Bloodborne (PS4) - ReviewKarl Koebke , posted on 01 April 2015 / 20,775 Views
It’s been a bit of a rough start for the PS4 when it comes to AAA retail exclusives. Both inFamous: Second Son and The Order: 1886 were disappointing to one degree or another and that has left Bloodborne as the great red hope of the console’s initial exclusive retail line-up. Such hope is in good hands, however, as Bloodborne is developed by the same team that brought us the surprisingly impressive Demon’s Souls back in 2009. That game in turn went on to inspire the Dark Souls series, which was one of the break-out hits of the last generation. Bloodborne takes the unforgiving gameplay of the Souls series and attempts to tweak it to force more offensive playstyles, reimagining the familiar game style of the Souls series in a gothic setting where cloth and pistol have replaced iron and bow.
Being a stalwart fan of the Souls series and Demon's Souls before it, Bloodborne has been at the top of my most wanted list since its announcement, but there was some apprehension in the mix as well. My playstyle in the Souls series involved getting the biggest and best shield I could and then hiding behind a metal safety blanket for the rest of the game. It might not be the most courageous and impressive playstyle, but it’s how I managed to survive. Naturally, hearing that Bloodborne would essentially do away with shields in favor of offhand guns that would stun enemies did prompt some concern on my part. Thankfully, after adjusting to a steep learning curve brought about by this change in playstyles, I found Bloodborne to be just as enjoyable as the Souls games before it, and in some ways even better.
The switch to a more offensive playstyle really clicked for me on one of the early bosses where I found that it was more beneficial for me to stay near the boss and continue damaging him after I got hit than to back off and heal. This is the complete antithesis to how I would have handled the situation in Dark Souls II, but because you can recoup your health if you deal damage soon enough after taking it the rhythm of play is changed quite dramatically.
I soon found myself playing in a much less reactionary way than I did in the Souls games. Instead of waiting patiently behind my shield for the enemy to make a mistake and leave themselves open to attack, I would shift back and forth just out of a monster's range, waiting for the best moment to rush in to do as much damage as possible before disengaging just as my stamina was about to run out. This profound change in playstyles affected my entire 38 hour playthrough.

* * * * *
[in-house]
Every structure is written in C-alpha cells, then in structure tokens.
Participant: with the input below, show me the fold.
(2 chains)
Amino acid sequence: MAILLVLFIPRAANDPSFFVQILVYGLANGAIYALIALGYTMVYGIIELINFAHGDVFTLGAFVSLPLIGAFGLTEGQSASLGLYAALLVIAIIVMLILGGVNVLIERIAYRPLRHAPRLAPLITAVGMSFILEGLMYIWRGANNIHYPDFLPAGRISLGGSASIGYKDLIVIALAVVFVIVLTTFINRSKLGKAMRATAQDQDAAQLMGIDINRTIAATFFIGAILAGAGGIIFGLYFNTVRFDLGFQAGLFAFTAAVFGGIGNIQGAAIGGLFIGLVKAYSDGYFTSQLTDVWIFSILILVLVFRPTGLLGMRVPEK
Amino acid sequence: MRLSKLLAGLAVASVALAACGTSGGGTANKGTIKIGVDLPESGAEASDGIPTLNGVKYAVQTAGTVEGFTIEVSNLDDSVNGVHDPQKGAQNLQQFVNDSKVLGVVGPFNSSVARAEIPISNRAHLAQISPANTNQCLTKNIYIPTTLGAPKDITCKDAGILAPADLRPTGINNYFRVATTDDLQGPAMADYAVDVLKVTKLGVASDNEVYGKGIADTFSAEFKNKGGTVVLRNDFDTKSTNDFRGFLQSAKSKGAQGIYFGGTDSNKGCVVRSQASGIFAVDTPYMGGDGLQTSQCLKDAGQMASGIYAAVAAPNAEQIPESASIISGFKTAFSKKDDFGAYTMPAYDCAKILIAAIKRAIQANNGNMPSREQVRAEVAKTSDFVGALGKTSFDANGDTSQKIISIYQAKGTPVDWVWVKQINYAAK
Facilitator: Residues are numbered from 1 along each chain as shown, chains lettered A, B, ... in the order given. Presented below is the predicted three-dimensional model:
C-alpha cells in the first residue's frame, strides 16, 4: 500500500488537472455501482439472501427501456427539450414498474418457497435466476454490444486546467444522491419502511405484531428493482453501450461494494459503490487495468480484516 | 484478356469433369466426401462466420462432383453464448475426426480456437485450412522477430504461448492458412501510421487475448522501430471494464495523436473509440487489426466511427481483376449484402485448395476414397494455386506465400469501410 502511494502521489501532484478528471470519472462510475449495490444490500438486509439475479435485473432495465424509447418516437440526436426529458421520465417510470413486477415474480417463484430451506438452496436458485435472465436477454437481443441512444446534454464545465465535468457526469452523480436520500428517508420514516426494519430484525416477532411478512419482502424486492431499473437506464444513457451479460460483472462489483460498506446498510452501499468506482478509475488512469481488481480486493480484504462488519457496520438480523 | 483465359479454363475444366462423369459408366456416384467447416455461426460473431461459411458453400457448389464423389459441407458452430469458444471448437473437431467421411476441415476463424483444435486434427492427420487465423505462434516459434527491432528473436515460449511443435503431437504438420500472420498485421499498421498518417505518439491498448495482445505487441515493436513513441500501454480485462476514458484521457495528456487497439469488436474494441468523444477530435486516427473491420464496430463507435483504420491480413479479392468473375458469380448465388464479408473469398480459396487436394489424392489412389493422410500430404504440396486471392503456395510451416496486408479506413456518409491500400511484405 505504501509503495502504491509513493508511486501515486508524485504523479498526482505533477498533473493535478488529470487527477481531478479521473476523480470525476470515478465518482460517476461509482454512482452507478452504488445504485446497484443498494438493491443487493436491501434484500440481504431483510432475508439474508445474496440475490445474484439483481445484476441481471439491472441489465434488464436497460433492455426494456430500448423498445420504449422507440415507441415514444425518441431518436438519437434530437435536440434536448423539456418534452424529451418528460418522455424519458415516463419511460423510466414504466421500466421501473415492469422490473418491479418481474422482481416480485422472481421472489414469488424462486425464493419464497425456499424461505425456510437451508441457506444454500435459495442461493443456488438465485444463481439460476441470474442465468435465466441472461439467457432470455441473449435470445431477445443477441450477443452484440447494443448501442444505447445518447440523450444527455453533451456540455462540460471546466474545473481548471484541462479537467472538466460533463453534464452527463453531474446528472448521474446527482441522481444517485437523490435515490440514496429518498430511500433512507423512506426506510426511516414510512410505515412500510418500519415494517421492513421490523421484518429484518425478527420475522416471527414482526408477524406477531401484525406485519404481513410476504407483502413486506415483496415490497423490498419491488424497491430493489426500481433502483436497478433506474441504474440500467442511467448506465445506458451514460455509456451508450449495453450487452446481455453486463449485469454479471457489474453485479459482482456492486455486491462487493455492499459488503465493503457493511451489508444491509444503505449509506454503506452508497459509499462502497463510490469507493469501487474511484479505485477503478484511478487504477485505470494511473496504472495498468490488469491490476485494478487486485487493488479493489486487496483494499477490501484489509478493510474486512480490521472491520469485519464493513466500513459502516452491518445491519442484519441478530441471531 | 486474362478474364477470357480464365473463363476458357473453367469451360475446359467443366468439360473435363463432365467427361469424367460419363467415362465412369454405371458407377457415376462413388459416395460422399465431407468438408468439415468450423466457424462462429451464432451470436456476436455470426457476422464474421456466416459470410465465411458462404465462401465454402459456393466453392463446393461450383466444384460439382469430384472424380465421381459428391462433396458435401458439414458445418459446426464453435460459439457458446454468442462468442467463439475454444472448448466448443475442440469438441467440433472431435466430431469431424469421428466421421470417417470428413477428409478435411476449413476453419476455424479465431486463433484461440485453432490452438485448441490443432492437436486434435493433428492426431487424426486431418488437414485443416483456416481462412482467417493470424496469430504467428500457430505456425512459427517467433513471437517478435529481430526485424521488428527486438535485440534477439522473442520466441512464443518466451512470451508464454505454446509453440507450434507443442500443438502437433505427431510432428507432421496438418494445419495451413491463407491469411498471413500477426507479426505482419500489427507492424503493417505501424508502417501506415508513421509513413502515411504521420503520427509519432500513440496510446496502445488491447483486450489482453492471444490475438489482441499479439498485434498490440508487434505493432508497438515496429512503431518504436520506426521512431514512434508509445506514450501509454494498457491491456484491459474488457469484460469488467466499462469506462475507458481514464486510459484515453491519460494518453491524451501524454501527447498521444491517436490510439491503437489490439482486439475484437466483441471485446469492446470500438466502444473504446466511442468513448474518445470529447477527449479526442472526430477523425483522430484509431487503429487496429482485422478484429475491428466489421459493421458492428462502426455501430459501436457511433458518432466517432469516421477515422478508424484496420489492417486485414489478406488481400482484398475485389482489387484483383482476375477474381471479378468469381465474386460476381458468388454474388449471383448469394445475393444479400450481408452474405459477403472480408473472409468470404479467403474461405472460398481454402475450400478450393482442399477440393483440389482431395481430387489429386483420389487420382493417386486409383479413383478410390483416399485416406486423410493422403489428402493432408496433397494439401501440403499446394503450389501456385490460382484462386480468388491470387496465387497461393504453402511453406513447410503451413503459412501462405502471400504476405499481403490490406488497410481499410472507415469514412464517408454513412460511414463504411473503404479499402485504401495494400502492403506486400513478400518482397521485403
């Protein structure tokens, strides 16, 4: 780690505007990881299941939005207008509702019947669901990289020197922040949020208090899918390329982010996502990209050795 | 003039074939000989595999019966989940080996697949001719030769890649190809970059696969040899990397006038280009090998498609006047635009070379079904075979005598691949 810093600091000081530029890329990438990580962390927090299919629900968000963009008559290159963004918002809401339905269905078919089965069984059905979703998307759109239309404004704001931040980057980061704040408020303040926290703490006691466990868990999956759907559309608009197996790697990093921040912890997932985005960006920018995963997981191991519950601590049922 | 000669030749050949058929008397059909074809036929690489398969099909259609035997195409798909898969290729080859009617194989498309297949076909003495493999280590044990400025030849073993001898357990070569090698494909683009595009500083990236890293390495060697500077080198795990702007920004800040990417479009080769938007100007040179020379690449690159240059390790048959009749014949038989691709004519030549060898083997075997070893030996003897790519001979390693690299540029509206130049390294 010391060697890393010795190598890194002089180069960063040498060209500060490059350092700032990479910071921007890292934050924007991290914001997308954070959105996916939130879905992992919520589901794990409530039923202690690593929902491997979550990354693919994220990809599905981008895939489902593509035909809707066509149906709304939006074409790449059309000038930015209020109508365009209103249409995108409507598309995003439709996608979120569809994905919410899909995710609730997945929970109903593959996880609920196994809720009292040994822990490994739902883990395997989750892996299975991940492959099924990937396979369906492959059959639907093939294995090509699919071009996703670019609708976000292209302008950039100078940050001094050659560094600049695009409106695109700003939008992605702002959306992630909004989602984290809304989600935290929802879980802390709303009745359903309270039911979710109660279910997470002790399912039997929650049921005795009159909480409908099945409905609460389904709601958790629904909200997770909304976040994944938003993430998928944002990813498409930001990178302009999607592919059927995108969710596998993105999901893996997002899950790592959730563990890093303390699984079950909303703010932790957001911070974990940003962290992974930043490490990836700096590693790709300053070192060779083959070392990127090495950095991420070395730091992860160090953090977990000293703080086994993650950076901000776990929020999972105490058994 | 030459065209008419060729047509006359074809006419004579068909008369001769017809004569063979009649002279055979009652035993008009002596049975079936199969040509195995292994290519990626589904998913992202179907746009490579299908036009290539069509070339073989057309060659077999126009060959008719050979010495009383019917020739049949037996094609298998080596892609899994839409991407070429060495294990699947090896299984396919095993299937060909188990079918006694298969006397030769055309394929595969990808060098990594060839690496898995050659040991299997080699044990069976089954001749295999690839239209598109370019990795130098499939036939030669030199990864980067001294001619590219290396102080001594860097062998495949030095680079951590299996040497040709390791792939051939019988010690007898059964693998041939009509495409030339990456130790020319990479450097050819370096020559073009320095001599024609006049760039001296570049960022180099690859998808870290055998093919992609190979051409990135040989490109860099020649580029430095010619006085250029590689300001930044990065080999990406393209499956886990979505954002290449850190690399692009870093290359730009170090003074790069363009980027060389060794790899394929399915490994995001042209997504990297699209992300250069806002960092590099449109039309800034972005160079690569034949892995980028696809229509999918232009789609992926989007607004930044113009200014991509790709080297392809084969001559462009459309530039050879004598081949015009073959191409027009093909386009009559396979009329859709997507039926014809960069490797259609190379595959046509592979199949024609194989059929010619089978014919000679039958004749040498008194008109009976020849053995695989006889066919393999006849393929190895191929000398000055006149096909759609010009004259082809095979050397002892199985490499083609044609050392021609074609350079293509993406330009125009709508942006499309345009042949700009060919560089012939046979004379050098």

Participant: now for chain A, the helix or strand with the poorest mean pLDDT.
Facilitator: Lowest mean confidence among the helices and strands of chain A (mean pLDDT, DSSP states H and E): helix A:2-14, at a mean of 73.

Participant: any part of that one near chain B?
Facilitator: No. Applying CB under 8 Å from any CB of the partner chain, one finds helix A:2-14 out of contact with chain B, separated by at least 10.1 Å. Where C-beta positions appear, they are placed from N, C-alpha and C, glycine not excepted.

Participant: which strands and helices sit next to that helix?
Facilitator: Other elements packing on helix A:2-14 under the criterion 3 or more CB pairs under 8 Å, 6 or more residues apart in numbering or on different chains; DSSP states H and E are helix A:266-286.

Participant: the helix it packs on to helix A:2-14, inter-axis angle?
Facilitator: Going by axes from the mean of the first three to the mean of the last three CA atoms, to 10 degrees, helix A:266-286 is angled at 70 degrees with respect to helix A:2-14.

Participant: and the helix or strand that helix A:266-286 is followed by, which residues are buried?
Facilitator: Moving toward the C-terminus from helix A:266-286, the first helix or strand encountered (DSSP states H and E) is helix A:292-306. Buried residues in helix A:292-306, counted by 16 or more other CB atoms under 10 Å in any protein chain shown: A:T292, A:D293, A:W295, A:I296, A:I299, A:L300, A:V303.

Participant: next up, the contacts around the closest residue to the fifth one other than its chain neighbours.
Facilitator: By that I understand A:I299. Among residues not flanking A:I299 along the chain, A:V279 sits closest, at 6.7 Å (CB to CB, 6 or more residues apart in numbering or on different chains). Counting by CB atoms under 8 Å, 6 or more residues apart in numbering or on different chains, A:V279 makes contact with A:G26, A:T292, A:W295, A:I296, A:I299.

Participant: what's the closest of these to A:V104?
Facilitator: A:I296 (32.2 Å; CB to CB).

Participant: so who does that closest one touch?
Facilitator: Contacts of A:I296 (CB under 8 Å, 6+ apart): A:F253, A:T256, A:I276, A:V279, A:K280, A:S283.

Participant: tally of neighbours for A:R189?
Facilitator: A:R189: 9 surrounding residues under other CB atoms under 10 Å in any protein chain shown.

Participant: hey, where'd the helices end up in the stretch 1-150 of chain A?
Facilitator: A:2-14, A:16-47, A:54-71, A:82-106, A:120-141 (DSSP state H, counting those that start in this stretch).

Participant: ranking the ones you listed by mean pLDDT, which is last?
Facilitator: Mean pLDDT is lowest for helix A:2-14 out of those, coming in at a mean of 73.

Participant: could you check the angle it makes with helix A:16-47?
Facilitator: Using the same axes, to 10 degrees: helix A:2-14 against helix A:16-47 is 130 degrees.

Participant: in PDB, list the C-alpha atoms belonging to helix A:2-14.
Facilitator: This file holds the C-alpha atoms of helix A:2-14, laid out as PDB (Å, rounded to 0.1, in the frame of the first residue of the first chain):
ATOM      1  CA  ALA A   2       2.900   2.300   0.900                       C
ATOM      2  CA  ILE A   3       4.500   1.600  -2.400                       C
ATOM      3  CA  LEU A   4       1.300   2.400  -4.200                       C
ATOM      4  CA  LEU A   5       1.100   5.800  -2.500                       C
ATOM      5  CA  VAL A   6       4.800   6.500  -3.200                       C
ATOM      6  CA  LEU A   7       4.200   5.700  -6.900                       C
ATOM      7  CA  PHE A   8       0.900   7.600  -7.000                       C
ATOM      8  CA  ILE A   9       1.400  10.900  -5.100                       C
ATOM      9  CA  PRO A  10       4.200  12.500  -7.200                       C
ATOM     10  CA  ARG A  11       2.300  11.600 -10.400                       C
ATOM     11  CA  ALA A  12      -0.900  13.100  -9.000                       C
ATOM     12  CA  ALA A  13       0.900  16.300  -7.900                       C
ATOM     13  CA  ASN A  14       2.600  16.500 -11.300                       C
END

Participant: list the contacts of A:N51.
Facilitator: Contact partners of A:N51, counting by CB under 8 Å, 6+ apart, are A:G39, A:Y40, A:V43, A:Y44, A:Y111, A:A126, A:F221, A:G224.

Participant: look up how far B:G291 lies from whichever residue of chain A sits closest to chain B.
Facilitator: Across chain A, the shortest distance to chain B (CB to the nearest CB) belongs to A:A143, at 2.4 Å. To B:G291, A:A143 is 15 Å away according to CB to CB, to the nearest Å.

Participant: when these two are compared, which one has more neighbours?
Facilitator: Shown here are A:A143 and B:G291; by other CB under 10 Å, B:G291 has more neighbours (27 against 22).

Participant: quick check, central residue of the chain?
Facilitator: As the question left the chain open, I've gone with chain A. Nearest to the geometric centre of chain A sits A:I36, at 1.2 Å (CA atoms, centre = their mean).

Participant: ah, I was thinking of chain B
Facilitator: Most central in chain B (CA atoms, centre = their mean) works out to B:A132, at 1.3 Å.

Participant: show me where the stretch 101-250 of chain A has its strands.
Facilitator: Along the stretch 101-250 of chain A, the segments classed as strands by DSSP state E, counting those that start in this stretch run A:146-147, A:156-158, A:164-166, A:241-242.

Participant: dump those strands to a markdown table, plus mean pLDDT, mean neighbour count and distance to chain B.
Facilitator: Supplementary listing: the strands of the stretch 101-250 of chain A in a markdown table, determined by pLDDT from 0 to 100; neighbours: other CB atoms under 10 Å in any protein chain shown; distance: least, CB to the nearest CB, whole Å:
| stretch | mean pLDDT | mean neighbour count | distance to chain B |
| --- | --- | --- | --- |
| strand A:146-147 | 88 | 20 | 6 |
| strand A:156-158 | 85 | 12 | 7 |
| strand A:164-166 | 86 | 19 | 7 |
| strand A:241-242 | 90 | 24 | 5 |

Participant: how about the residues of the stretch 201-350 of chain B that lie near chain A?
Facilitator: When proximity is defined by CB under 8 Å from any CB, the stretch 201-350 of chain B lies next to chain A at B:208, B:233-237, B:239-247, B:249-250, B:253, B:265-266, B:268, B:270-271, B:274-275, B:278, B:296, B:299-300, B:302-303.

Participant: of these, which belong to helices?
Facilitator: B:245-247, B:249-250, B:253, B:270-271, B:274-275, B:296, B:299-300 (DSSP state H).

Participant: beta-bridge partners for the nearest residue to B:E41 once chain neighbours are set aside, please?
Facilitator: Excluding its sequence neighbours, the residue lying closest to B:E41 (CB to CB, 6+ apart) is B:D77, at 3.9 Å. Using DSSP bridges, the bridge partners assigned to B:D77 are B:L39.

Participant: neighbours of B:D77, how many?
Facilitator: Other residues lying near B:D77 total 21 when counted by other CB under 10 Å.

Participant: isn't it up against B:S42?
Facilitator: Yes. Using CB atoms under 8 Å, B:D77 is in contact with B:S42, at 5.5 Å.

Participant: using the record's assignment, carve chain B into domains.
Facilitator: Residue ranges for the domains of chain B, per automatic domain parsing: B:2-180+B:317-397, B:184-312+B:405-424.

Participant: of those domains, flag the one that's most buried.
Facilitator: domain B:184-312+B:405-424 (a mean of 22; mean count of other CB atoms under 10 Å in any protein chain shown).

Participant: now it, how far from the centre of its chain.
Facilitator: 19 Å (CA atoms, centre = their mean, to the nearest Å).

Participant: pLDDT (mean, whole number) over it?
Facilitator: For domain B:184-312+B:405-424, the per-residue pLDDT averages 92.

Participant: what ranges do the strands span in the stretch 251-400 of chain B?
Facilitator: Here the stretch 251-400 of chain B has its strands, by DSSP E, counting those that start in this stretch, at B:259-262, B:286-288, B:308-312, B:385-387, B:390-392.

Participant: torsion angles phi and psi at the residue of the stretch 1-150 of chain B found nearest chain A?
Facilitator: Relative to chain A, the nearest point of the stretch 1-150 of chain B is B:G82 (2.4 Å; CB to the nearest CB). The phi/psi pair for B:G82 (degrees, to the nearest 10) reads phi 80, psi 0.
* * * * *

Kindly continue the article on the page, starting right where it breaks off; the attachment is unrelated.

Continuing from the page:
Bloodborne also moves away from having a vast array of mostly useless weapons to featuring just a handful of weapons that boast interchangeable gem slots, which allows you to customize them to your liking. Each weapon is also a two in one, with single daggers that switch to double daggers, a hammer that becomes a sword, and a cane that turns into a bladed whip. This is a pretty cool addition, and I even found myself putting points into stats that I didn’t really need just to test out new weapons and their transformations. I hope that if there’s a sequel From Software work on making all of the transformations as amazing as the Burial Blade, Blade of Mercy, and Kirkhammer, but this is definitely a good start.
One of Bloodborne's best changes is the addition of chalice dungeons. These are randomly generated labyrinths in which the goal on each floor is to find the lever which unlocks the boss door. You must then defeat the boss in order to move on to the next floor. Enemies that you encounter are largely unique to the type of chalice dungeon you are traversing, with bosses being a mixture of those from the main storyline and some unique to the chalice dungeons. You would think that fighting the same bosses again and again would be dull, but the fact that the arena is different can have a large impact on how the boss should be approached. Fighting the Blood Starved Beast in an area without pillars to hide behind, or a boss that spawns 20-30 spiders in a small room, keeps the encounters exciting.